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Speak up for better convective forecasts

Pilots willing to spend about five minutes sharing their perspective on convective weather forecast tools in a survey will help the FAA and the National Weather Service determine which products pilots use, and optimize the offerings.

Pilots are asked to participate in a survey that will provide feedback to federal officials seeking to improve convective weather forecast delivery. Photo by Mike Fizer.

The online survey seeks input from a cross-section of aviation stakeholders, including dispatchers and traffic management coordinators, on the specifics of what information is considered most important. Respondents are asked to rank a list of different types of information from most to least important, and express which data they consider most relevant to assessing convective weather. Respondents are also asked to identify which weather forecast products they use, and how frequently.

AOPA Director of Airspace, Air Traffic, and Security Jim McClay urged members to weigh in for the benefit of the aviation community as a whole.

“We join the FAA and the National Weather Service in advocating to improve weather information overall,” McClay said. “Spending a few minutes completing this survey will help forecasters learn more about how we can improve aviation safety by having most important information about thunderstorms and other convective activity delivered reliably, and consistently in a way that is clear and accessible.”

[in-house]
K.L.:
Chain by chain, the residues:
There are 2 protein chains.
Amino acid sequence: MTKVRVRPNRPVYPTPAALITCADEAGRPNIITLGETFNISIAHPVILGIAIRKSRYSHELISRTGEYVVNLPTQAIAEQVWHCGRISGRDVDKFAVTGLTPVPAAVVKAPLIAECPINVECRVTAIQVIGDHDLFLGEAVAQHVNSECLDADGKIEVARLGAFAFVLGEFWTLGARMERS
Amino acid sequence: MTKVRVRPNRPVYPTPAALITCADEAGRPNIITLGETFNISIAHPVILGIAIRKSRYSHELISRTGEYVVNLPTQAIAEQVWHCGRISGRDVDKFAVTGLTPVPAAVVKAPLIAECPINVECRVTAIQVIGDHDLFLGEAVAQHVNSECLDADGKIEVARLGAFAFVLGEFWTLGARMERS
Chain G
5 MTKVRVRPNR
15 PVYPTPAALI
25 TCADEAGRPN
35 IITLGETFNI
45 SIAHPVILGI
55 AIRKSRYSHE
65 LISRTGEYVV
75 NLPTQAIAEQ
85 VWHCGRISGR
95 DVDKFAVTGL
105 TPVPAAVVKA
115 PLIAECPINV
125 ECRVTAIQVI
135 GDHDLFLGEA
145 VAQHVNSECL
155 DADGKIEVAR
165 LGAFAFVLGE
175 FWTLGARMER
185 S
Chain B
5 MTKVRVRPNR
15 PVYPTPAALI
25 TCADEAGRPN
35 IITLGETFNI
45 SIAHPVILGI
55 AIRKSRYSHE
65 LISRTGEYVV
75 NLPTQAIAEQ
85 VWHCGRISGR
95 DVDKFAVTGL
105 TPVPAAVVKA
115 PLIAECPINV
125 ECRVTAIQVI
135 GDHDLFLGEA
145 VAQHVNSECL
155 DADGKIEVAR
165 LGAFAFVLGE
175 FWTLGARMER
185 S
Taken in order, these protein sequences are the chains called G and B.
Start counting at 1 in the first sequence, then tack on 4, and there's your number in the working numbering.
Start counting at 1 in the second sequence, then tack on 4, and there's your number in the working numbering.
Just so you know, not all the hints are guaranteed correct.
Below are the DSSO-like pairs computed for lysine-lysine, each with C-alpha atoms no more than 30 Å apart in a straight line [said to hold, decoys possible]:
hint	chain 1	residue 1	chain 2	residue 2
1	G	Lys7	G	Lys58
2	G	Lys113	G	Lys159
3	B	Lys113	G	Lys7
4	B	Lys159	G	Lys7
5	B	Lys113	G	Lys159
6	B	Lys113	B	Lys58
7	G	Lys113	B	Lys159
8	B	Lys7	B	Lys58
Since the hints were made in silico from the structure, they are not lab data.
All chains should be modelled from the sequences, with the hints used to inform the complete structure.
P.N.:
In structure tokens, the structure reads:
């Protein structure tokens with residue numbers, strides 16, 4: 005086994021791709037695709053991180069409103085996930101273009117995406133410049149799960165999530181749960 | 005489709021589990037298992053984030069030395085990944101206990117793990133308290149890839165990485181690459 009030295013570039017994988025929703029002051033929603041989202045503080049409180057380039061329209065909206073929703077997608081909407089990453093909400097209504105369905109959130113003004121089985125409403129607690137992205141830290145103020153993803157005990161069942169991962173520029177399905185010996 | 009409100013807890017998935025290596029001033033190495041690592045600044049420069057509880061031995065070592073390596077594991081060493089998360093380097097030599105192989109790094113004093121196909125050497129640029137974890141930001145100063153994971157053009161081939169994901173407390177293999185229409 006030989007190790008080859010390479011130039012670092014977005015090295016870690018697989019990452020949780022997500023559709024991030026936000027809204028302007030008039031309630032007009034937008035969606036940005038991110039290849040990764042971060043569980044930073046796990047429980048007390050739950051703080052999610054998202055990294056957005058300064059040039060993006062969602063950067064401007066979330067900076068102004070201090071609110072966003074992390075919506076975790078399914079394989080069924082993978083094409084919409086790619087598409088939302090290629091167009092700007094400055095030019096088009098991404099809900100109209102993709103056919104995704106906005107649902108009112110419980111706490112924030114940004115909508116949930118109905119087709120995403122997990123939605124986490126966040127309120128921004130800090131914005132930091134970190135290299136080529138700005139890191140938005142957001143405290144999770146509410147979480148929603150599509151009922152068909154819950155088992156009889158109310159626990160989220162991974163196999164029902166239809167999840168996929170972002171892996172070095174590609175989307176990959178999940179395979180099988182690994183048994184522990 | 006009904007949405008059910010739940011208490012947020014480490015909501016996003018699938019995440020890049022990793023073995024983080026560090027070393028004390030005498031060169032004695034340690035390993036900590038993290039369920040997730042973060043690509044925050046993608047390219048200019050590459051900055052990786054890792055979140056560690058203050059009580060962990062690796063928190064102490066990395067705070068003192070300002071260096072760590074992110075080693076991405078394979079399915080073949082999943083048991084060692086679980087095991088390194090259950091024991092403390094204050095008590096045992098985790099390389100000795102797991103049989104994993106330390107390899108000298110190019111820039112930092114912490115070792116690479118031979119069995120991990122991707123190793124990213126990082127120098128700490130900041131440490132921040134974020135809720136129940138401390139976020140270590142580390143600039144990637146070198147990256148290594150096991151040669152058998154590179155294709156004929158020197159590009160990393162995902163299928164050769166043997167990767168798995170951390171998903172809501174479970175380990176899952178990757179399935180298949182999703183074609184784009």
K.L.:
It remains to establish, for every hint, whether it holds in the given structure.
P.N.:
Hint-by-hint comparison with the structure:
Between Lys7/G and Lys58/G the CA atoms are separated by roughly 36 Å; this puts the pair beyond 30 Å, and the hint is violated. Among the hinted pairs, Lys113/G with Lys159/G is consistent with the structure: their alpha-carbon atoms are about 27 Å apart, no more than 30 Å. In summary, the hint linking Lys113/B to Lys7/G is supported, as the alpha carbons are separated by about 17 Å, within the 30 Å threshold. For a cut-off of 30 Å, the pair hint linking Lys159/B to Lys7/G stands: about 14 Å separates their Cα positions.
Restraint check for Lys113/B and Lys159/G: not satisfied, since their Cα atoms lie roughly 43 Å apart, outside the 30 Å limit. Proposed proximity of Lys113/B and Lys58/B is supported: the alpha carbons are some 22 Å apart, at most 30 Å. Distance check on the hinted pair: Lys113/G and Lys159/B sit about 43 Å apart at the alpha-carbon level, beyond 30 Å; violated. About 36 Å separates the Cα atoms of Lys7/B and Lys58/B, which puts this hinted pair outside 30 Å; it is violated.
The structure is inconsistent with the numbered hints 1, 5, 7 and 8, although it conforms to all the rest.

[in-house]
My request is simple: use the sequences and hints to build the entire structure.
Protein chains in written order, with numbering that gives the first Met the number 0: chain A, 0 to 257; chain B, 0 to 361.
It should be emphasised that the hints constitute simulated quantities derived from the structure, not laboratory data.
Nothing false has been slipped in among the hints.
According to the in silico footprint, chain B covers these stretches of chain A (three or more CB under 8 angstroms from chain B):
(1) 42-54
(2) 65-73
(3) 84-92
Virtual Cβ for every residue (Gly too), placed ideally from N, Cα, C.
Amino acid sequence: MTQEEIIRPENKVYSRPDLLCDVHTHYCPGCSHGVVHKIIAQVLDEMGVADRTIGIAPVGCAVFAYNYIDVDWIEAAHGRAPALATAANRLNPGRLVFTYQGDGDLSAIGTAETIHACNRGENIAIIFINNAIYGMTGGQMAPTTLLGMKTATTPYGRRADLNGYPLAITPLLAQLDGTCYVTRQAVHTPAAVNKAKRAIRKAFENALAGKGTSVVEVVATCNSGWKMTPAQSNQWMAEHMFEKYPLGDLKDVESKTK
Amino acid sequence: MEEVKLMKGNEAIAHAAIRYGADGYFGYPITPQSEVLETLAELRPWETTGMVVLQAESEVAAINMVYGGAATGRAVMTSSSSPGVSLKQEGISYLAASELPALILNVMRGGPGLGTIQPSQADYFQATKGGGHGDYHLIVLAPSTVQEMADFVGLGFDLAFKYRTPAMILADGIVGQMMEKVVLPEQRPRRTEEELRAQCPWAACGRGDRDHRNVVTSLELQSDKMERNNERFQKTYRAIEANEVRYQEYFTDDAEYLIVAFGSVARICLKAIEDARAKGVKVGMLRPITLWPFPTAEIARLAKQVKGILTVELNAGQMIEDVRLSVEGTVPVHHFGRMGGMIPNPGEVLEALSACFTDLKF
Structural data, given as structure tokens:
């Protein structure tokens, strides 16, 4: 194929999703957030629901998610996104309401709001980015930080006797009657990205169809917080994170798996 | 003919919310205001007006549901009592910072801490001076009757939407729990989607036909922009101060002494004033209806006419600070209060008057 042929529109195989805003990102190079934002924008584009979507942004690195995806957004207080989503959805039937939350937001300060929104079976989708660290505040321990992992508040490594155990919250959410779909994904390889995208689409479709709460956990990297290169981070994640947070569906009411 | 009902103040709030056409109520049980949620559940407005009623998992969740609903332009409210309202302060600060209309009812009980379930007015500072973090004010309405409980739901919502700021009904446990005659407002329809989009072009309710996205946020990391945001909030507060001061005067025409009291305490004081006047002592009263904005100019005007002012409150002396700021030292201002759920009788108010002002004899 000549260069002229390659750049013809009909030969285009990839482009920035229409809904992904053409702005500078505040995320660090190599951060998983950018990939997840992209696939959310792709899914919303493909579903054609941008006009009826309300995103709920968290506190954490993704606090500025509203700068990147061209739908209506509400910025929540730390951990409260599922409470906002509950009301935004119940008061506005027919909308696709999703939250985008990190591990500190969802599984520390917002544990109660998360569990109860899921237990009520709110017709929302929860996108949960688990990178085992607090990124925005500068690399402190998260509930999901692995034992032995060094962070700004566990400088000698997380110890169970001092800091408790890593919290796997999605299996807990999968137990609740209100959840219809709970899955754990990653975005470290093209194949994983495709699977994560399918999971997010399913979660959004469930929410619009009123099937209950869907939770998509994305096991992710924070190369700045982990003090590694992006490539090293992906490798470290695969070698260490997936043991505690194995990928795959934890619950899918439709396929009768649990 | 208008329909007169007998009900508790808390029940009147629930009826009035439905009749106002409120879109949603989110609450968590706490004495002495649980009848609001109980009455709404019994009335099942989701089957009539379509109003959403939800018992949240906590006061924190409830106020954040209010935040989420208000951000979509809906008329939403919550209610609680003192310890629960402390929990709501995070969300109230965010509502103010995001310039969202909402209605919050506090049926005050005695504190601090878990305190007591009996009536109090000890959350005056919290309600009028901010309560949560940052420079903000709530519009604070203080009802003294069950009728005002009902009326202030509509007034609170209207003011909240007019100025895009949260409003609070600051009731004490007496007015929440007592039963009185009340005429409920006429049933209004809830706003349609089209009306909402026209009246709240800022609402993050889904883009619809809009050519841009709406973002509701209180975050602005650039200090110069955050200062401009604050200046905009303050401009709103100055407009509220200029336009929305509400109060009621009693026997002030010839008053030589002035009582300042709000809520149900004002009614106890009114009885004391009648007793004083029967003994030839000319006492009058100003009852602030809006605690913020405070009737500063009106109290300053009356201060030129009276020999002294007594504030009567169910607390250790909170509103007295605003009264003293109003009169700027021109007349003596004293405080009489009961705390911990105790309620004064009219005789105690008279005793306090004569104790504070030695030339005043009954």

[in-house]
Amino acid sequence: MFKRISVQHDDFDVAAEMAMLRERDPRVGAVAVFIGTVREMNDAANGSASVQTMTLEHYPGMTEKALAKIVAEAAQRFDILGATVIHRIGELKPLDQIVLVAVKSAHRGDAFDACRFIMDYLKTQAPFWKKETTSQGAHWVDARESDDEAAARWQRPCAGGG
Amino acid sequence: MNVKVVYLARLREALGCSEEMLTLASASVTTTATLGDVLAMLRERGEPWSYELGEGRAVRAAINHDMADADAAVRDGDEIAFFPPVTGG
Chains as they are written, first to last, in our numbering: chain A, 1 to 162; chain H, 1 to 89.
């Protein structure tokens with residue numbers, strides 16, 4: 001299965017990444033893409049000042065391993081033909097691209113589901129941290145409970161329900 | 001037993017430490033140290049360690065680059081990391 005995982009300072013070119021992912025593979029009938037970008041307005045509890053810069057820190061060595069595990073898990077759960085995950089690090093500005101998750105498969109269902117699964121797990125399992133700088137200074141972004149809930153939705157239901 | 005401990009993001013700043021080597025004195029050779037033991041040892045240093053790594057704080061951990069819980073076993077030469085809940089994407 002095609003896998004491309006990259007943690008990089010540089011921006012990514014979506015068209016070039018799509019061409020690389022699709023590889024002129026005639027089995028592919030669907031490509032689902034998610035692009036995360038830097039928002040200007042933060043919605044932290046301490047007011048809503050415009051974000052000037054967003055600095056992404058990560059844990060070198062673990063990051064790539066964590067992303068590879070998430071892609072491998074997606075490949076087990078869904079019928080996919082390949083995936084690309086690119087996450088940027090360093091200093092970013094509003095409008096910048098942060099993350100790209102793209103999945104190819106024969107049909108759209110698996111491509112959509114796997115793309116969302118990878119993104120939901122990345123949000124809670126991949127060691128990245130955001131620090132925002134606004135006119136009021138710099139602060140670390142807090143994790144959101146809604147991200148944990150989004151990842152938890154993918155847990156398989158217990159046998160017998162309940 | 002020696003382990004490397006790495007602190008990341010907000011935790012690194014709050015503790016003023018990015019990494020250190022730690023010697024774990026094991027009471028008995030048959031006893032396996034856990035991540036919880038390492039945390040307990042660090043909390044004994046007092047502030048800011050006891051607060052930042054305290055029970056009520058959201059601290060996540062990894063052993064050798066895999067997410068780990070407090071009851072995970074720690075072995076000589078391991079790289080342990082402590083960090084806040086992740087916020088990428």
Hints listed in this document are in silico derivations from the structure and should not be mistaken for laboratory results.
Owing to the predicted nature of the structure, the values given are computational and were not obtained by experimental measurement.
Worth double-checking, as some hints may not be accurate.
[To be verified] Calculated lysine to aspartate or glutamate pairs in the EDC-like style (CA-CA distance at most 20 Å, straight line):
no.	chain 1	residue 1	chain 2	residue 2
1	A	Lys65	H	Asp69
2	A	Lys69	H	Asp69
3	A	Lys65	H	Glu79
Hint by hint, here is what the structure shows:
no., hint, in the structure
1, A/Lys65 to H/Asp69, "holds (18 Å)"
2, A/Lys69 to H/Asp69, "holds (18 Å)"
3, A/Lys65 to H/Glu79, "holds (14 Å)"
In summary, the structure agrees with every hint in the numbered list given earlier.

Currently available forecast products, accessible from the Aviation Weather Center, among other popular sources, range from traditional text products (METARs, TAFs, and area forecasts) to sophisticated, interactive graphic products such as the Helicopter Emergency Medical Services Tool and other specialized weather forecast products.

Jim Moore
Jim Moore
Managing Editor-Digital Media
Digital Media Managing Editor Jim Moore joined AOPA in 2011 and is an instrument-rated private pilot, as well as a certificated remote pilot, who enjoys competition aerobatics and flying drones.

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